Agreement In Society

From these human premises, Hobbes constructs a provocative and persuasive argument as to why we should be prepared to submit to political authority. He does this by imagining people who find themselves in a pre-creation situation of society, the state of nature. In addition to subjectivism, Hobbes also deduces from his mechanistic theory of human nature that man is necessarily and exclusively selfish. All human beings follow only what they perceive in their own individual well-being – they react mechanically by being attracted to what they want and rejected by what they refuse. It is a universal requirement: it must cover all human actions in all circumstances – in society or from it, in terms of strangers and friends, in terms of small goals and generalized human desires, such as the desire for power and status. Everything we do is motivated by the desire to improve our own situations and satisfy as many of our own individually thought-out desires. We are infinitely appetizing and we are really only concerned about our own self. According to Hobbes, even the reason why adults care for young children can be explained in relation to the self-interest of adults (he says that when we save a baby by caring for a baby, we have become a strong sense of commitment in the one who has been helped to survive instead of dying). The most fundamental alliance, the social pact, is the agreement to bring together and form a people, a community by definition larger and different from a simple aggregation of individual interests and wills. This act, in which individuals become people, is “the true foundation of society.” By collectively renouncing the individual rights and freedoms that one has in the state of nature and by transferring these rights to the collective body, one forms, as it were, a new “person”.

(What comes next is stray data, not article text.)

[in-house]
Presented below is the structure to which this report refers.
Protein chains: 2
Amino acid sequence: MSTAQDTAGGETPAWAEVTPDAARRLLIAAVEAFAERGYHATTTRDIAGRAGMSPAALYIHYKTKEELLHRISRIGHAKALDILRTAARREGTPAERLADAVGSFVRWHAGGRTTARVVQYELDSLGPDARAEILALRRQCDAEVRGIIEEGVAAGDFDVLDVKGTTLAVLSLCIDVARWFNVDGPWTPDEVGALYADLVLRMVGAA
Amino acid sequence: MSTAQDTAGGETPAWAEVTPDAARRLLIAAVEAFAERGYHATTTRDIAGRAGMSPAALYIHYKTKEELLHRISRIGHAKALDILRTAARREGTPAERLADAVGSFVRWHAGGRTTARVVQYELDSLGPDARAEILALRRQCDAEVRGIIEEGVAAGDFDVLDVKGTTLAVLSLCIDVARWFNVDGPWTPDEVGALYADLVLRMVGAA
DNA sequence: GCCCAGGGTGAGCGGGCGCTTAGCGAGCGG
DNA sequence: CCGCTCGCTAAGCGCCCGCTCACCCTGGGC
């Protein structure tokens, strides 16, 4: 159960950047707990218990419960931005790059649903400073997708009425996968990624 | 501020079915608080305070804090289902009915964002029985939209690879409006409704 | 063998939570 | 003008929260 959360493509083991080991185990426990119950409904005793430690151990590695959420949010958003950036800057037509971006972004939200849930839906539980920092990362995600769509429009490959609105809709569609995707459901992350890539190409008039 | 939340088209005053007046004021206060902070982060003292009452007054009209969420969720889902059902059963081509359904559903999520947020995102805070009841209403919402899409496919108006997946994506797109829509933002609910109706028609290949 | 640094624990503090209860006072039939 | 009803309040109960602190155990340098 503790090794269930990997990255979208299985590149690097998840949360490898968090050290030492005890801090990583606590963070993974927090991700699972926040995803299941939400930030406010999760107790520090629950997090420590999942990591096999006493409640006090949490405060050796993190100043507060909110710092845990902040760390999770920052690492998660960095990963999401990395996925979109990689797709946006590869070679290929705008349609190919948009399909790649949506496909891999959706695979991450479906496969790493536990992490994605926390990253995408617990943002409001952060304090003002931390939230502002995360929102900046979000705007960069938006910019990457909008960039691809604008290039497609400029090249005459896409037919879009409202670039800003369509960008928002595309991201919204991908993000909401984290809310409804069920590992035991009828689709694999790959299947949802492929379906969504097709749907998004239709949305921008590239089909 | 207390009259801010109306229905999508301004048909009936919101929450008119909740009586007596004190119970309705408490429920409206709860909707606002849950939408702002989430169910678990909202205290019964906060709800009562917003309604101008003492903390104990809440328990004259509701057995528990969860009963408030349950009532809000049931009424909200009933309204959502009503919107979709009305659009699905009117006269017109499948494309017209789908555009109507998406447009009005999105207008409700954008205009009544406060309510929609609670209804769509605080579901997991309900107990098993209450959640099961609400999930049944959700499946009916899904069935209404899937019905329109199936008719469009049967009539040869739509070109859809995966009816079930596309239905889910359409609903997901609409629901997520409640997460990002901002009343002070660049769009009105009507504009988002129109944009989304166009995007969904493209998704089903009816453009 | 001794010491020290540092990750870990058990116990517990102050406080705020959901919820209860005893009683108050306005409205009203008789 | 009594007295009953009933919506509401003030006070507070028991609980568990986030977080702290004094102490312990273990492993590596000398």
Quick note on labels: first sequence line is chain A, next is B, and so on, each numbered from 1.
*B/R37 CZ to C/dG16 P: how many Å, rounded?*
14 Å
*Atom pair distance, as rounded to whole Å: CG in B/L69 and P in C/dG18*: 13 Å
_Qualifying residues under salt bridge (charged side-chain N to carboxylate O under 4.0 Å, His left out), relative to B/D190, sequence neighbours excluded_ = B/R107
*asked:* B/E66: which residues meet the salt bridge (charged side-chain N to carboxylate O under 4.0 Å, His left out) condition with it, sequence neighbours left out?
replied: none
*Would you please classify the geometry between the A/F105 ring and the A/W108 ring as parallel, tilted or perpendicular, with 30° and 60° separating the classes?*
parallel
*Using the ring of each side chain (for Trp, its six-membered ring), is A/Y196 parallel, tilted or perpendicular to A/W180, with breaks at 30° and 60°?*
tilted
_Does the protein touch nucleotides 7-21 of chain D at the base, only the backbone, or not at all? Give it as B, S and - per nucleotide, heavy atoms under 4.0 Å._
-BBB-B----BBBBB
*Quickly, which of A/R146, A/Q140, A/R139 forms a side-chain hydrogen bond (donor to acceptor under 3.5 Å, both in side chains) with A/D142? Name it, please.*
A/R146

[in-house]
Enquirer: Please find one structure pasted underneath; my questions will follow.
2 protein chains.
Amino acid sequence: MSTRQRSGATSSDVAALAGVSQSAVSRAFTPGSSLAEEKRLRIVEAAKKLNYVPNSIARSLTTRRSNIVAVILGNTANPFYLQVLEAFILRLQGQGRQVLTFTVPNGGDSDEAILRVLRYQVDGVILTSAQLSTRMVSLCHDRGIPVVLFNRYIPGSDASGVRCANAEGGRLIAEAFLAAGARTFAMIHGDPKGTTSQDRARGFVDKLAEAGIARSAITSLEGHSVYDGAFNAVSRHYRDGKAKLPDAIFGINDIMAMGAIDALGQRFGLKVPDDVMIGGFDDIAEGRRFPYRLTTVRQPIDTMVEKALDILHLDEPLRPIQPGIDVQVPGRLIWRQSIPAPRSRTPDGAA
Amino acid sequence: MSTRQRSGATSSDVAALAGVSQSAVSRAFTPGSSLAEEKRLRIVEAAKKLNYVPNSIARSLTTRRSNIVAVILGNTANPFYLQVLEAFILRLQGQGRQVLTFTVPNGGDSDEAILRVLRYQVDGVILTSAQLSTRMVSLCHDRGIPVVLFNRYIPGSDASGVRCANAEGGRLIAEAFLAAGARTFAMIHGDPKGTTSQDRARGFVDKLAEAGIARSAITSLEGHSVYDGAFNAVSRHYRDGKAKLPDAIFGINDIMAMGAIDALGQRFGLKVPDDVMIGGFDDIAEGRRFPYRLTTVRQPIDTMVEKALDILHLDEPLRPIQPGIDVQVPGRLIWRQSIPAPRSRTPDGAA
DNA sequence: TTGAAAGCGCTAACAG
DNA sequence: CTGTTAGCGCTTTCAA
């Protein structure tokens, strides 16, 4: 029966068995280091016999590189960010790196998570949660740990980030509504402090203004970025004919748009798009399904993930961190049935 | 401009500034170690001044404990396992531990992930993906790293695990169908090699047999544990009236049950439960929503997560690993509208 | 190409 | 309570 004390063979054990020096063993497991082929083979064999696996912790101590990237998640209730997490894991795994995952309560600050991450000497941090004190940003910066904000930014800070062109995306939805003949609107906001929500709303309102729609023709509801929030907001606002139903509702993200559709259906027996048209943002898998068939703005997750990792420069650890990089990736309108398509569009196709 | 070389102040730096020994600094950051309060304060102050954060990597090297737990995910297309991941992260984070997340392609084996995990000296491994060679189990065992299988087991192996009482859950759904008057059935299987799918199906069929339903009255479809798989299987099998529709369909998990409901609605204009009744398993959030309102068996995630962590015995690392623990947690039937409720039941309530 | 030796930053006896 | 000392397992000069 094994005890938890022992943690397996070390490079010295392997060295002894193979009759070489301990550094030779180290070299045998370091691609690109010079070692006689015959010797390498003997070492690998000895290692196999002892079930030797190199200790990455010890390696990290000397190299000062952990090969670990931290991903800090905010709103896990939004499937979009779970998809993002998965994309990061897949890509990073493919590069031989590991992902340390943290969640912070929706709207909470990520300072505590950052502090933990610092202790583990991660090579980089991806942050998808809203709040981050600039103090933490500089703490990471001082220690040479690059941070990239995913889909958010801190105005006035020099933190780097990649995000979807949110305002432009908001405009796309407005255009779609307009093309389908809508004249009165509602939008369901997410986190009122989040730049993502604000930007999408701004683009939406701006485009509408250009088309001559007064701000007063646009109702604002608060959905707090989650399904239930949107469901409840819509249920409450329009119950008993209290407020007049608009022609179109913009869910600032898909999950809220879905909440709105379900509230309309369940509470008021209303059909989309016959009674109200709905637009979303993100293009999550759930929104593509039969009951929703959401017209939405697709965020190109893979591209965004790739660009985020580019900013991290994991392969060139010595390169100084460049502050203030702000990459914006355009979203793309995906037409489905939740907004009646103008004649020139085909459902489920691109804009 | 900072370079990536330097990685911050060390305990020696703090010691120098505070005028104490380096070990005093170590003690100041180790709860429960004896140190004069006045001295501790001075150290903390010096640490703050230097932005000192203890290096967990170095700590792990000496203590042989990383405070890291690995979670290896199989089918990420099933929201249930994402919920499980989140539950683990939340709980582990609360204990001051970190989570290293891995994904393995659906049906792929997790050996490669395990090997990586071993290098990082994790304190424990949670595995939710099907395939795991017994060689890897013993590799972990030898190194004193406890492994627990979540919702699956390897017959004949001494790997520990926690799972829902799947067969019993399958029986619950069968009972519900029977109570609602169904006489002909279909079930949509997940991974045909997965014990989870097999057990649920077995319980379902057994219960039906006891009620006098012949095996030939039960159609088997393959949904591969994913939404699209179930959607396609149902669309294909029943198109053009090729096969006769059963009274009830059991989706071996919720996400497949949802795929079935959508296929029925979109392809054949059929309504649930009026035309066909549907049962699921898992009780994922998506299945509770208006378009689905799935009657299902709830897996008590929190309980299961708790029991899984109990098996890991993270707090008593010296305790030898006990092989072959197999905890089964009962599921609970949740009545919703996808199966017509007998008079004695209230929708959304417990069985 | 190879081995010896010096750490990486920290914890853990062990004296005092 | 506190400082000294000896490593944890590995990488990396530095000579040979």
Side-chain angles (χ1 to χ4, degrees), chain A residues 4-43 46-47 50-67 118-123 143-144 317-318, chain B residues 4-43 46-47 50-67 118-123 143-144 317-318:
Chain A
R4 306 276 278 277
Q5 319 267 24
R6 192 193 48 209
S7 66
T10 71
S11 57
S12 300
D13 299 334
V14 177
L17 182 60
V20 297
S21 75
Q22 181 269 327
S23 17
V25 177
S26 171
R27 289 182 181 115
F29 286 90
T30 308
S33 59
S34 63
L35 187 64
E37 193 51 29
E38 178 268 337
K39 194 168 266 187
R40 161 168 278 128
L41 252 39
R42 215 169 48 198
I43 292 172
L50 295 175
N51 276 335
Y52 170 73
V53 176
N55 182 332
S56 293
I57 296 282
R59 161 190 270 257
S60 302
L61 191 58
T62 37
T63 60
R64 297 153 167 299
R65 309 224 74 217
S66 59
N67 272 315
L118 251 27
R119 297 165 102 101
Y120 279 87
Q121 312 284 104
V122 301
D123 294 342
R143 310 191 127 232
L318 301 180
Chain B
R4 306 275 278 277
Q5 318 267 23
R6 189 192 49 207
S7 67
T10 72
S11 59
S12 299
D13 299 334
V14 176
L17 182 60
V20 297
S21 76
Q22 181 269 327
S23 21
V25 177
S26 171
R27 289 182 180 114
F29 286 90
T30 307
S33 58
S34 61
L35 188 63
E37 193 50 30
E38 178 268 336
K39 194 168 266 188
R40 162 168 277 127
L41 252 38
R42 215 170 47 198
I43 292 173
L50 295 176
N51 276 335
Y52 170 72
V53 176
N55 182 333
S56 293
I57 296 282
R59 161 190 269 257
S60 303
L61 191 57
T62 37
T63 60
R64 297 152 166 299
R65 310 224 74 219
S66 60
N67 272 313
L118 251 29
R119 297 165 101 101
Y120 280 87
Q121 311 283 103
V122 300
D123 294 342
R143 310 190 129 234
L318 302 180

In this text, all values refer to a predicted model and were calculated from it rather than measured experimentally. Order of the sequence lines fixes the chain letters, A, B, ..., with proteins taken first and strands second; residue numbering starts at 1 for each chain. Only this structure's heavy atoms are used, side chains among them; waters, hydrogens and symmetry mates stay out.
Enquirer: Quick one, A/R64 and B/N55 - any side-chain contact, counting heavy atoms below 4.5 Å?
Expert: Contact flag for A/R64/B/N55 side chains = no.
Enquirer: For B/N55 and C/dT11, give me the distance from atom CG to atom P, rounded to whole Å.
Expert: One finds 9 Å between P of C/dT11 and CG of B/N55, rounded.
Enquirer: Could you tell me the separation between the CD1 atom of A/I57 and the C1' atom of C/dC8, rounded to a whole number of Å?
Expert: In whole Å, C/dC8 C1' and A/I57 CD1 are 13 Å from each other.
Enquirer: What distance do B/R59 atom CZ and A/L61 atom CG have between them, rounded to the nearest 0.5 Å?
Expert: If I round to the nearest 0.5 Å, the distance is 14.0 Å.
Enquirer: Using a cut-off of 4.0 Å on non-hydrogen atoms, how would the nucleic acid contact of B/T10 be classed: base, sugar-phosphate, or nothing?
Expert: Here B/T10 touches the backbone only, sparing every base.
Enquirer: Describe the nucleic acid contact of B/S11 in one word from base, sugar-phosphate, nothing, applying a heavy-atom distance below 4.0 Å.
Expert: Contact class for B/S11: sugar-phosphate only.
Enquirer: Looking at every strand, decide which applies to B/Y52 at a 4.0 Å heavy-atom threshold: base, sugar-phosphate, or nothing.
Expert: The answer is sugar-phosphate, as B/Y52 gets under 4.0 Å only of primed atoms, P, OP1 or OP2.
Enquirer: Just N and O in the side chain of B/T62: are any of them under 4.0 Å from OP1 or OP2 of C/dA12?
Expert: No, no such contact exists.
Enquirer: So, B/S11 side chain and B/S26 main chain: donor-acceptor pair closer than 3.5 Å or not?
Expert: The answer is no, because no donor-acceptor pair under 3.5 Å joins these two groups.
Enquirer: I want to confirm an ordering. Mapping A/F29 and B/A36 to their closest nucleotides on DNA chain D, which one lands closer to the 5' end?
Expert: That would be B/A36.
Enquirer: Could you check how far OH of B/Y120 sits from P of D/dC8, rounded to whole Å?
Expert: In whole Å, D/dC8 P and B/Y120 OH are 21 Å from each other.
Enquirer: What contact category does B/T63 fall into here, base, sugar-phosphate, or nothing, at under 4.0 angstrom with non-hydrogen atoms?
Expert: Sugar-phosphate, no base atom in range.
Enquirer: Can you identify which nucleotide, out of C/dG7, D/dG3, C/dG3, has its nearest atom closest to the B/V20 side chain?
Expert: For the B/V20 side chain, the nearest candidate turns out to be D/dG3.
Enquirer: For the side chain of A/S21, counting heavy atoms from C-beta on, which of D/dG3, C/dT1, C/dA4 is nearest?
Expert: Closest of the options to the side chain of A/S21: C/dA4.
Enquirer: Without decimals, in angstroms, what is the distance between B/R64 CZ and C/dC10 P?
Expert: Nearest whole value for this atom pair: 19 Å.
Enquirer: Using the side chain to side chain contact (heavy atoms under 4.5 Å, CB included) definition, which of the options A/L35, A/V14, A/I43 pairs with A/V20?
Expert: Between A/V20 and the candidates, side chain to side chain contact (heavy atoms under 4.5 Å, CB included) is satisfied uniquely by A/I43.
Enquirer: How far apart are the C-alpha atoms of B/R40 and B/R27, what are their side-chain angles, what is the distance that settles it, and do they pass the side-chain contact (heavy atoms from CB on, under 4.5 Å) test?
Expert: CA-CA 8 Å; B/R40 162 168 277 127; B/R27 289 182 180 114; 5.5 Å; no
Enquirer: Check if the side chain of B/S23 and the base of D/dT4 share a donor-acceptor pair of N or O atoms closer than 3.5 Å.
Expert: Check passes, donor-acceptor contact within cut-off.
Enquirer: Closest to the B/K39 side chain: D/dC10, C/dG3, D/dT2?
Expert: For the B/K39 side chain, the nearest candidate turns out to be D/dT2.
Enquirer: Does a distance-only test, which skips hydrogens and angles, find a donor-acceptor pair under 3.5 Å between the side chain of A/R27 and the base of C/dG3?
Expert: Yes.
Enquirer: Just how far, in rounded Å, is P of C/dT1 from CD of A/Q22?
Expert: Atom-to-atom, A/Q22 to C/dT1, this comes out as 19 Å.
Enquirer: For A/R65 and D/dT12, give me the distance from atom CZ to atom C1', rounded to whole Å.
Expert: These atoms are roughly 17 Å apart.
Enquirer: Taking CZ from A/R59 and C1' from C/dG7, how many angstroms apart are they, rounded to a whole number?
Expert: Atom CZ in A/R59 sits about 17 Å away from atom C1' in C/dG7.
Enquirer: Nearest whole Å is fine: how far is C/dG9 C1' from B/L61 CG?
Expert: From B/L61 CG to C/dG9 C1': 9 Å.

The sovereign is therefore formed when free and equal people come together and agree to recreate themselves as a single organ, which boils down to the common interest of all. Just as the individual will is directed towards individual interests, once formed, the general will is oriented towards the common good, understood and collectively agreed. In this version of the social contract there is the idea of replicated duties: the sovereign is attached to the well-being of the individuals who constitute him and each individual is also attached to the good of the whole. In this context, it is not possible to give the individual the freedom to decide whether it is in his own interest to discharge his duties to the sovereign while being allowed to reap the benefits of citizenship.